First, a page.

Employers may feel little pressure to raise pay because job seekers so often accept their opening salary offers and because workers refrain from asking for pay increases, even when they are dissatisfied with their compensation and struggle to make ends meet.
59% of respondents who say they have turned down job offers in the past cite insufficient pay as the reason they did so. Yet a minority of these respondents—about 42%—say that they have tried to negotiate for higher pay. In other words, many job seekers still appear to treat employers’ salary offers as take-it-or-leave-it propositions, rather than as opening offers in a negotiation.
The result is often that workers feel dissatisfied with their compensation packages and quit their jobs, even though more than half say they would stay for higher pay. Employers may not realize the degree of dissatisfaction about pay among their workers until it is too late.
How Higher Wages Could Solve Problems on Both Sides of the Labor Market
Although many employees and job seekers are failing to use their newfound leverage to ask for higher starting salaries or raises, workers are sending a message to employers by quitting their jobs in record numbers. Many are leaving their jobs, pushed by dissatisfaction over pay, high debt-to-earnings ratios, and difficulty making ends meet. Instead, they are seeking other jobs, pulled by the promise of better outside opportunities.
The ZipRecruiter Job Seeker Survey provides a roadmap for employers who are facing mounting turnover costs and struggling to win the war for talent. Most workers would stay in their current jobs for more pay—even those who express dissatisfaction with management and advancement opportunities. And there are large numbers of job seekers who are not currently employed but interested in working under the right conditions. More generous compensation—particularly topline pay—could be the key to employers broadening their talent pool, pulling new workers off the sidelines, and retaining their most valuable employees by improving job satisfaction.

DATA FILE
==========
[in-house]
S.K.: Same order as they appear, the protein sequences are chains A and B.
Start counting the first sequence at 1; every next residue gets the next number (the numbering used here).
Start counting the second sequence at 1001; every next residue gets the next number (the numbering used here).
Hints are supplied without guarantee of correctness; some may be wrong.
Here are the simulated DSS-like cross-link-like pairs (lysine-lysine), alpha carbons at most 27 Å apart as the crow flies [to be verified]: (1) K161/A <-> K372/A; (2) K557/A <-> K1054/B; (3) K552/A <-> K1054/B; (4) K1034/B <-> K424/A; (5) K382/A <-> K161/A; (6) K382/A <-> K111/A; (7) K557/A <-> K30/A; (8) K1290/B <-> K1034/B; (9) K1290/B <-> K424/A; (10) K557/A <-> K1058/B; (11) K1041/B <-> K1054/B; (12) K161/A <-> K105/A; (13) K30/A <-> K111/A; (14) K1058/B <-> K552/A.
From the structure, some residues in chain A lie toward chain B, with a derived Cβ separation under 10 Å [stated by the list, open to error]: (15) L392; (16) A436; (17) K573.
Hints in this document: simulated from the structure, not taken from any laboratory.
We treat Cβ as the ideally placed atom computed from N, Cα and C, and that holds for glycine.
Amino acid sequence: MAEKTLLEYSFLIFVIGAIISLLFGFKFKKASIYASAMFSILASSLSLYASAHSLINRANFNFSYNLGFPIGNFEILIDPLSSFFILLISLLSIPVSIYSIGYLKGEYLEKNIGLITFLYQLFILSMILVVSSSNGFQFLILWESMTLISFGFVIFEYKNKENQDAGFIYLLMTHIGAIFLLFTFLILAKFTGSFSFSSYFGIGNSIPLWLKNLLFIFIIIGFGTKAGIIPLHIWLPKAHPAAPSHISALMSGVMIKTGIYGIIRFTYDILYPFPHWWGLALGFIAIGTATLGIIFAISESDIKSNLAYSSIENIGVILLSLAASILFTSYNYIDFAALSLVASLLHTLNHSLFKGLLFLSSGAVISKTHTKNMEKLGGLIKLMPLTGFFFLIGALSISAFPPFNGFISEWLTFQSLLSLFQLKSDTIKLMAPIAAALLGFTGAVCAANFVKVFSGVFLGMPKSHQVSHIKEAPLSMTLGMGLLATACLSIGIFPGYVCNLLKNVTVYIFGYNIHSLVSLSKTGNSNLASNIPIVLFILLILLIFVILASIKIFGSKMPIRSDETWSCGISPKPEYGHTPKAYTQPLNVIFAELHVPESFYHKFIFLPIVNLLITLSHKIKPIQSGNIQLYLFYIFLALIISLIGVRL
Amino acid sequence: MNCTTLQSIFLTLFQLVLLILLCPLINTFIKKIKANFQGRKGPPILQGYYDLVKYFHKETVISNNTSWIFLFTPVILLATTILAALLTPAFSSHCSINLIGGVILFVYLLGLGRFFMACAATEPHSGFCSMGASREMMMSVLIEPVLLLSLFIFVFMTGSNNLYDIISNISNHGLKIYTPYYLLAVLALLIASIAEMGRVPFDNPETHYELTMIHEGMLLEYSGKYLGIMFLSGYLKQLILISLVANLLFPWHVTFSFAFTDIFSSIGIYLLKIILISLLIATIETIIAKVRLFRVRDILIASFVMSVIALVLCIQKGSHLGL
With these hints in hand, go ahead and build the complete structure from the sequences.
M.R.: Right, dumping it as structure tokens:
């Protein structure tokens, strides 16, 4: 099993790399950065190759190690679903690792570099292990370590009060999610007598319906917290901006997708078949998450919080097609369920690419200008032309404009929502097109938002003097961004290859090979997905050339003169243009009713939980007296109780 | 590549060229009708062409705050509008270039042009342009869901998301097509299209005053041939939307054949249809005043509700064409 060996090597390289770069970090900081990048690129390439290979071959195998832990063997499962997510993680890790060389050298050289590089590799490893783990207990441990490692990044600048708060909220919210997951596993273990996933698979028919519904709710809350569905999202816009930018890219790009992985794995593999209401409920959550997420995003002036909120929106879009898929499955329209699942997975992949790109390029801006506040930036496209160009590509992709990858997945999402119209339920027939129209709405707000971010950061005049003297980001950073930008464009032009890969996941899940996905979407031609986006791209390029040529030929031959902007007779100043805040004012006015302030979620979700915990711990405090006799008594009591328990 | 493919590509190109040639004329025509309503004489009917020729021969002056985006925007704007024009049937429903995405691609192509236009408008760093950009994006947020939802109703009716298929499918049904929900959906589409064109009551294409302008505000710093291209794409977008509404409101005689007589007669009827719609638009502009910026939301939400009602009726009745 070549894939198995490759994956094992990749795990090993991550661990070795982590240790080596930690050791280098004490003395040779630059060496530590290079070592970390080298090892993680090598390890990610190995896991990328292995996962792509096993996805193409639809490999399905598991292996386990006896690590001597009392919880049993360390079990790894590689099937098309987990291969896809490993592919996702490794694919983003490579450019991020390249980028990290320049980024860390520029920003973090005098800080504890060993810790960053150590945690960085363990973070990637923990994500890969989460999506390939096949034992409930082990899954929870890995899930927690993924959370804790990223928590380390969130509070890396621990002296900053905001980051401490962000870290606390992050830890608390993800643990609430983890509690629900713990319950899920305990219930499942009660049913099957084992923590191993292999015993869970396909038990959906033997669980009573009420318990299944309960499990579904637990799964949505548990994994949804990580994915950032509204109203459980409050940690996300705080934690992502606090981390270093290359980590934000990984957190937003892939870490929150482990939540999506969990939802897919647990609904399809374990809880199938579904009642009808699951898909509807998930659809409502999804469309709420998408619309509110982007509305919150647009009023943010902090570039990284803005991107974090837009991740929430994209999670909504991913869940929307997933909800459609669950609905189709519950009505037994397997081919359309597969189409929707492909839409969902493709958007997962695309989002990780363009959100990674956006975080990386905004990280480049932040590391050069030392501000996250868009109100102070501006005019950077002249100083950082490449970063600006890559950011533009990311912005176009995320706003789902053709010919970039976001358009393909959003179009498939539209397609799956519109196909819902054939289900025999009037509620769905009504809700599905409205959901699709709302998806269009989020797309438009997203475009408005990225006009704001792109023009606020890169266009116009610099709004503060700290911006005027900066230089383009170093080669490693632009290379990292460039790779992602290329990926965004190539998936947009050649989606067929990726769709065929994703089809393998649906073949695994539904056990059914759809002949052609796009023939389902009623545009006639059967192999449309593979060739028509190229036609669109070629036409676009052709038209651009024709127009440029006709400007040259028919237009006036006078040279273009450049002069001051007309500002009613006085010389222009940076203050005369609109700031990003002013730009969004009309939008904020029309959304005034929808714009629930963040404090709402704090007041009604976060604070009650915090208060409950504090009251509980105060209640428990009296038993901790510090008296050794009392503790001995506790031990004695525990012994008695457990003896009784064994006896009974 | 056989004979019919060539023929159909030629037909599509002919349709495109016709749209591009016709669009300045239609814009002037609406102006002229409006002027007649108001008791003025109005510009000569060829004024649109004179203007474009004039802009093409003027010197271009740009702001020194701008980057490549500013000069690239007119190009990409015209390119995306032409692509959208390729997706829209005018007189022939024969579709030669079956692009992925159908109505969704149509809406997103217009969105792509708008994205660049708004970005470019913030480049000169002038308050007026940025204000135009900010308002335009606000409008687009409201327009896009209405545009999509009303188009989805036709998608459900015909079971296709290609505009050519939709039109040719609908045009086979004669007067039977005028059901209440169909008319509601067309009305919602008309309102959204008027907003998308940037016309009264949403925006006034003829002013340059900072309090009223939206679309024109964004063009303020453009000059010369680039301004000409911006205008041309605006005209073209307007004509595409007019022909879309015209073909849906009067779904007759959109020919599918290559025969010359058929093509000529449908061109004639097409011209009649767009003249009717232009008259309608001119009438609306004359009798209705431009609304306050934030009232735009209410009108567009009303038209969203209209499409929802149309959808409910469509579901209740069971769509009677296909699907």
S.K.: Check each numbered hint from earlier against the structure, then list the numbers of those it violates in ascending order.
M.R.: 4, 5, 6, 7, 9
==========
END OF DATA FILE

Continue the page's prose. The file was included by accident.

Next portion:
Methodology: ZipRecruiter surveyed 50,184 active job seekers in the United States in September and October of 2018. Active job seekers are defined as logged in registered users who visited ZipRecruiter’s job search site or actively used the ZipRecruiter job search app during that time period. Survey participants ranged in age from 18 to over 75 years, with 52.5% holding a bachelor’s degree or higher. 46% of respondents identified themselves as women, 53% as men and 1% either selected “other” or chose not to answer. Compared with the wider U.S. population, our survey slightly over-sampled Blacks relative to Whites and Hispanics, with 56% of respondents identifying as White or Caucasian, 20% as Black or African American, 11% as Hispanic, 7% as Asian or Asian American, 1% as American Indian or Alaska Native, and about 5% as another race. 44% of respondents were not employed and looking for work. Of those who were employed, 78% were working full-time and 22% part-time. 46% of employed participants had been in their current jobs more than two years, 15% between one year and two years, 17% less than one year, and 23% less than 6 months.